What’s sideroblastic anemia?

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Sideroblastic anemia is a blood disorder where red blood cells do not develop normally, resulting in ring sideroblasts in the bone marrow. It can be inherited or acquired, with alcohol abuse being the most common cause. Treatment includes vitamin B6 and blood transfusions.

Sideroblastic anemia is a blood disorder in which red blood cells fail to develop normally, resulting in the formation of what are known as ring sideroblasts in the bone marrow, along with general symptoms of anemia, such as fatigue and pale skin. A ringed, or ring sideroblast, is an immature red blood cell with an iron ring around the nucleus. Sideroblastic anemia is associated with a number of different diseases and can be inherited, so that a person is born with the condition, or it can be acquired later in life. It can be part of a myelodysplastic syndrome, in which the production of blood cells in the bone marrow becomes abnormal with the risk of developing into leukemia or cancer of the blood and bone marrow. Medications are a common cause of sideroblastic anemia, particularly alcohol, as are some antibiotics, chemotherapy treatments, and heavy metals such as lead.

Hemoglobin, the oxygen-binding molecule inside a red blood cell, consists of a portion of globin, which is made up of protein, and a portion of heme, which normally contains iron. In sideroblastic anemia, immature red blood cells in the bone marrow fail to properly absorb iron into the heme part of hemoglobin, resulting in the iron being deposited in the substance of the cell, characteristically forming a ring around the nucleus. This is known as sideroblastic ring and the cells are referred to as ring or ring sideroblasts.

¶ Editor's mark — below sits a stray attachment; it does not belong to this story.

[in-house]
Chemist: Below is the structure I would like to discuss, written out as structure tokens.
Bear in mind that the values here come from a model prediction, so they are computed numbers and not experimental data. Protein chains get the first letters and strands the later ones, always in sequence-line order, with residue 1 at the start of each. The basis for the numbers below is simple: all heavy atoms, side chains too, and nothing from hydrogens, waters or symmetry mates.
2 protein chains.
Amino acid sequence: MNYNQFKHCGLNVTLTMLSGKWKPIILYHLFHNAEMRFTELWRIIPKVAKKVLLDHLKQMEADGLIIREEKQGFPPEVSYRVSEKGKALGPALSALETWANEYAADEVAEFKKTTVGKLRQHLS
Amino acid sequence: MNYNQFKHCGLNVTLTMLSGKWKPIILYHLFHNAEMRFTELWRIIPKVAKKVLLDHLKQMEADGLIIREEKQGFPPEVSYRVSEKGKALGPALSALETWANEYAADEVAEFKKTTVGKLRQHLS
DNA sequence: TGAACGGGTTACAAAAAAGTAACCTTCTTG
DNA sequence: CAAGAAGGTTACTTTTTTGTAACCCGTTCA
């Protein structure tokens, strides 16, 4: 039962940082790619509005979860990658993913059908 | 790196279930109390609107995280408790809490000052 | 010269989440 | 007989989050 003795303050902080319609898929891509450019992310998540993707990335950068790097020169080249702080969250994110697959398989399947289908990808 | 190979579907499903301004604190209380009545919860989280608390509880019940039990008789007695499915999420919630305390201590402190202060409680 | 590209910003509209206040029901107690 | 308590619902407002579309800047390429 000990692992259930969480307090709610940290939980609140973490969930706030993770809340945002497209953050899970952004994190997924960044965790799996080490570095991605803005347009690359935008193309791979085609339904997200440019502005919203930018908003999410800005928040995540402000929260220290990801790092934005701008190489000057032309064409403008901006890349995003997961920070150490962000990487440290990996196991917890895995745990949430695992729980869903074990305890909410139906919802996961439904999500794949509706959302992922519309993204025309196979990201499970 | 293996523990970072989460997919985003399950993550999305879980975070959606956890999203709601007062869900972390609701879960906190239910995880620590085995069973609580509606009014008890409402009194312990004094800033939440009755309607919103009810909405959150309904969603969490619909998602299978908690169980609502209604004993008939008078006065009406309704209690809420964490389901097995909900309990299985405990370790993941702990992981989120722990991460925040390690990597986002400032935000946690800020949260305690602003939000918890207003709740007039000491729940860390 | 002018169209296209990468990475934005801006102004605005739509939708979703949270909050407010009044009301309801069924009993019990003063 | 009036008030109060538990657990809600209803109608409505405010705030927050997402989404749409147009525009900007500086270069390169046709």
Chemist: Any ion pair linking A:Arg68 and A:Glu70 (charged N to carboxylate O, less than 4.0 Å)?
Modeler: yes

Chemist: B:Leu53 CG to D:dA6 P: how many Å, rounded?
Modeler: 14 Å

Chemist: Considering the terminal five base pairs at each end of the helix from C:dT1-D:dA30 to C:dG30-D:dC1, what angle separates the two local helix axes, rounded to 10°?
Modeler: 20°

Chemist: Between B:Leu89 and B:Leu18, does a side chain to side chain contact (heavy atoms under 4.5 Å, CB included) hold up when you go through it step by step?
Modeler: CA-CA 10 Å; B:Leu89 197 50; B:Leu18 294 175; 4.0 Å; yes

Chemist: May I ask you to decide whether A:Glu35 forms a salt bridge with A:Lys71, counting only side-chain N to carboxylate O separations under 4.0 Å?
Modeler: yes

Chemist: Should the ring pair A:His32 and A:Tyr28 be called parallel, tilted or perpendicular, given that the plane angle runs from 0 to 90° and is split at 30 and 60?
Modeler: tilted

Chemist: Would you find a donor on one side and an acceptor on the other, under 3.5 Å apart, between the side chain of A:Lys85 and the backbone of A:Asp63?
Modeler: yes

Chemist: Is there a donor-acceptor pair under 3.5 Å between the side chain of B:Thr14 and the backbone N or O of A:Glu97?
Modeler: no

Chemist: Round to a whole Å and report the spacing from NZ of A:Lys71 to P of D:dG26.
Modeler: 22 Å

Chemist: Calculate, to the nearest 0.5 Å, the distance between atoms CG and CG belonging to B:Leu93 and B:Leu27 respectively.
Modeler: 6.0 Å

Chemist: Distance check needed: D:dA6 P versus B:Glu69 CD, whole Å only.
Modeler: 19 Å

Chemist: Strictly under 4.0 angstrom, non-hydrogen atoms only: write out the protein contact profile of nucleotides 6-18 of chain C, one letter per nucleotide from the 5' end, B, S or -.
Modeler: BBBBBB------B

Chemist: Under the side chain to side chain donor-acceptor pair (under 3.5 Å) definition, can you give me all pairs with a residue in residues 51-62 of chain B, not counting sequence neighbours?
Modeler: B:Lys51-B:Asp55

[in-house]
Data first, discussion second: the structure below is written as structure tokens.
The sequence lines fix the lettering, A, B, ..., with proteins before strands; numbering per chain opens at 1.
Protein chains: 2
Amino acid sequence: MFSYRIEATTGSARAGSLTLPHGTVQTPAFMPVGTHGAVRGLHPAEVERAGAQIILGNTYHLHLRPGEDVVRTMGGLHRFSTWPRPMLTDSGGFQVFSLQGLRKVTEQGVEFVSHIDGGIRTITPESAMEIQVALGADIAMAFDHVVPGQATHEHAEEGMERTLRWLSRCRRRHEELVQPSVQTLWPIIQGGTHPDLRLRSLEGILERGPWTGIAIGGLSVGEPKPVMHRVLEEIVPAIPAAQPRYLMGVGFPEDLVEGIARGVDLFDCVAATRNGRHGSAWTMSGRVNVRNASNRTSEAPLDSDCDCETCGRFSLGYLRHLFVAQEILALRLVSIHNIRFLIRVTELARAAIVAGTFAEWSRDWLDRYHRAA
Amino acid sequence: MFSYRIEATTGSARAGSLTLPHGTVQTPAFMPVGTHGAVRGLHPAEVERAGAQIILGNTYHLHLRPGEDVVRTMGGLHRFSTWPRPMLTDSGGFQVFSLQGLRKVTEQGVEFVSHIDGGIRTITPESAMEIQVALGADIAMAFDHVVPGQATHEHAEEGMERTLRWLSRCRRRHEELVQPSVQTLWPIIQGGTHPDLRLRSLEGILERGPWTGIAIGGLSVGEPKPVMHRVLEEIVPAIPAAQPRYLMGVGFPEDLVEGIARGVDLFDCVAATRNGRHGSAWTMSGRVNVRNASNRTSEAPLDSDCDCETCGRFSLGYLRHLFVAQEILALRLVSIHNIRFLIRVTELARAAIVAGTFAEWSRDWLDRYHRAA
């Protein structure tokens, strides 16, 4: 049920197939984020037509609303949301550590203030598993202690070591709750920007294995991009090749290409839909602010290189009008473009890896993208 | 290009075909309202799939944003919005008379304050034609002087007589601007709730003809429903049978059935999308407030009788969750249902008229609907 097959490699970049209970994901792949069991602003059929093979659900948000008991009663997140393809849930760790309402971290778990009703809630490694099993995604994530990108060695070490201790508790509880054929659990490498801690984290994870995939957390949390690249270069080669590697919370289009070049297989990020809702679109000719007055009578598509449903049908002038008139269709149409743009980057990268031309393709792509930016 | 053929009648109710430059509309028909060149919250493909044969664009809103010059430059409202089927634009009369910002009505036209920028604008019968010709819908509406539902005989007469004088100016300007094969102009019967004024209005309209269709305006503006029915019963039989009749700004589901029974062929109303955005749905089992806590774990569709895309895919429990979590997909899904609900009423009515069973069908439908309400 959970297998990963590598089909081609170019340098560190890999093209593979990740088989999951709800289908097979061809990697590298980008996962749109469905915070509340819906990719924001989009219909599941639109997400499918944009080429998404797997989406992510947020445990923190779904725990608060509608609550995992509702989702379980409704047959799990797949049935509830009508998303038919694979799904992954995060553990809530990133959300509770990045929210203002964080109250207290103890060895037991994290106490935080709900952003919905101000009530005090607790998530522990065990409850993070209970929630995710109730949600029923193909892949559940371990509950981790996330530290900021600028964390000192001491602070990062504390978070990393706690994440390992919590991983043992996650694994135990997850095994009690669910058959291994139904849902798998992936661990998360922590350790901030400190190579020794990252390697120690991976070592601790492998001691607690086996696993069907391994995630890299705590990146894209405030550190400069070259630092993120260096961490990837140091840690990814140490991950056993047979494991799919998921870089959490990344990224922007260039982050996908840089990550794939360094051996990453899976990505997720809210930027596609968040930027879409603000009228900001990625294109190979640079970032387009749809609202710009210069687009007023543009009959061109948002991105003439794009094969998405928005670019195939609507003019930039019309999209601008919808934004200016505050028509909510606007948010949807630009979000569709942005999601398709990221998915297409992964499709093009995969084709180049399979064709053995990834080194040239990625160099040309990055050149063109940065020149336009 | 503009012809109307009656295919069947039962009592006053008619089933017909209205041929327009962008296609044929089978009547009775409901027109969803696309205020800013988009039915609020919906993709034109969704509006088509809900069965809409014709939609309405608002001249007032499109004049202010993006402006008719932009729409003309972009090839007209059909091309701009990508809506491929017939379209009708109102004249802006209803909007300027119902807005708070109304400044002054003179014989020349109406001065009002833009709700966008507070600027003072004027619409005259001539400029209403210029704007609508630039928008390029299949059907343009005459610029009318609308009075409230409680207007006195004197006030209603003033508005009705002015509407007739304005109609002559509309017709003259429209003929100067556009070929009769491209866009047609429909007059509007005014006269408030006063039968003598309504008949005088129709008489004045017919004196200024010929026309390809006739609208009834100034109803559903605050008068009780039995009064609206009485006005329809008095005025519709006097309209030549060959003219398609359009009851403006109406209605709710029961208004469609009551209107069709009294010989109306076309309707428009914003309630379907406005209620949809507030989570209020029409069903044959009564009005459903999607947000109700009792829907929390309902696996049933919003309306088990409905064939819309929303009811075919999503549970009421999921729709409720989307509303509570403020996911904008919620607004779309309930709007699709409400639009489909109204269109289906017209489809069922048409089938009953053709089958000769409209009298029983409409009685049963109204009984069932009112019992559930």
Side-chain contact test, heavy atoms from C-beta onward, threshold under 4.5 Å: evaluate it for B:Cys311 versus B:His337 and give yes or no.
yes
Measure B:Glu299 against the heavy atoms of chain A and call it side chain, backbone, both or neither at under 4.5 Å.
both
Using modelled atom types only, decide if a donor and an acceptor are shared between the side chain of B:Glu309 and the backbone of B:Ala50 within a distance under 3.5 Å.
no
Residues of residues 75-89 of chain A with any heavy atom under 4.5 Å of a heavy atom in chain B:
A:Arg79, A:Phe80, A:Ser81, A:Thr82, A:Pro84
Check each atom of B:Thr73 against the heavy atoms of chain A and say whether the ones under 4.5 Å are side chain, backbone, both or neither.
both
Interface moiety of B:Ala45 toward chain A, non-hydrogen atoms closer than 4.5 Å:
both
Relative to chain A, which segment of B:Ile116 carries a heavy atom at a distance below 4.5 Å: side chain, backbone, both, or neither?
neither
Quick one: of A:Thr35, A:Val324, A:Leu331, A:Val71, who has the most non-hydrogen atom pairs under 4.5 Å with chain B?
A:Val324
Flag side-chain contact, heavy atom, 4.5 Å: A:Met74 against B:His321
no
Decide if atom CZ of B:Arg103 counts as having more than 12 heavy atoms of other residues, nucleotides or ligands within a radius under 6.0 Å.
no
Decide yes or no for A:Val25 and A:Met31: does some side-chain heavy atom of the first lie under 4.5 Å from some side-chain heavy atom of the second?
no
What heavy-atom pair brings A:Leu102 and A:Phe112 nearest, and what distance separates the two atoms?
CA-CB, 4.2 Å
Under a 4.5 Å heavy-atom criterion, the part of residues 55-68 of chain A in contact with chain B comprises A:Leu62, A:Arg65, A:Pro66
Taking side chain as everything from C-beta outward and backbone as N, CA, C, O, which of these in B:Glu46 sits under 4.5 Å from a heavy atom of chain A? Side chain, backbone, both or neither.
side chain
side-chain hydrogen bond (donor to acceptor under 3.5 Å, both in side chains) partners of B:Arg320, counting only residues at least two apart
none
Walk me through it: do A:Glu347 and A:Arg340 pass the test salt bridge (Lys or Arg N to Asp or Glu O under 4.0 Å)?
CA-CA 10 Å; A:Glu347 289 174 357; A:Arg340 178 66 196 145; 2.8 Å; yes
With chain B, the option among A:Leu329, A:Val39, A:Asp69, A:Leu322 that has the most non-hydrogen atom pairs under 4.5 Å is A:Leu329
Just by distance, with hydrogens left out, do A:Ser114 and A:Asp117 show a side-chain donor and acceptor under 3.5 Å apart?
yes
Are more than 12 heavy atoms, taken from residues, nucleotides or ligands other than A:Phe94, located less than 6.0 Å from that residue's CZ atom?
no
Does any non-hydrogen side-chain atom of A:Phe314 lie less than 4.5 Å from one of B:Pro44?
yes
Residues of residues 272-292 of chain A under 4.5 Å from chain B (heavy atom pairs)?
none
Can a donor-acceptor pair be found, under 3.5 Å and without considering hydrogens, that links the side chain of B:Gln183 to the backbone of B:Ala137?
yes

Most cases of sideroblastic anemia are acquired rather than inherited, with alcohol abuse being the most common cause overall. Other causes include drugs such as isoniazid, used to treat tuberculosis, copper and vitamin B6 deficiencies, and lead or zinc poisoning, as well as myelodysplastic syndromes and other bone marrow diseases. Hereditary forms of the condition are more common in men, and mild cases can go undetected until around age 40 or older.

Sideroblastic anemia can be diagnosed by looking at the bone marrow under a microscope, where ringed sideroblasts can be seen. Some of the cells in the general circulation will usually appear pale, lacking the typical red color associated with normal amounts of hemoglobin. In inherited forms of anemia, the cells may also be smaller than usual.

Hereditary sideroblastic anemia can sometimes be treated with vitamin B6, with lifelong treatment if the disease responds. While some of the causes of acquired sideroblastic anemia can be reversed, such as substituting some antibiotics for others or stopping alcohol consumption, this is not always possible. Vitamin B6 treatment may also work in some cases of acquired anemia, and blood transfusion may sometimes be given.

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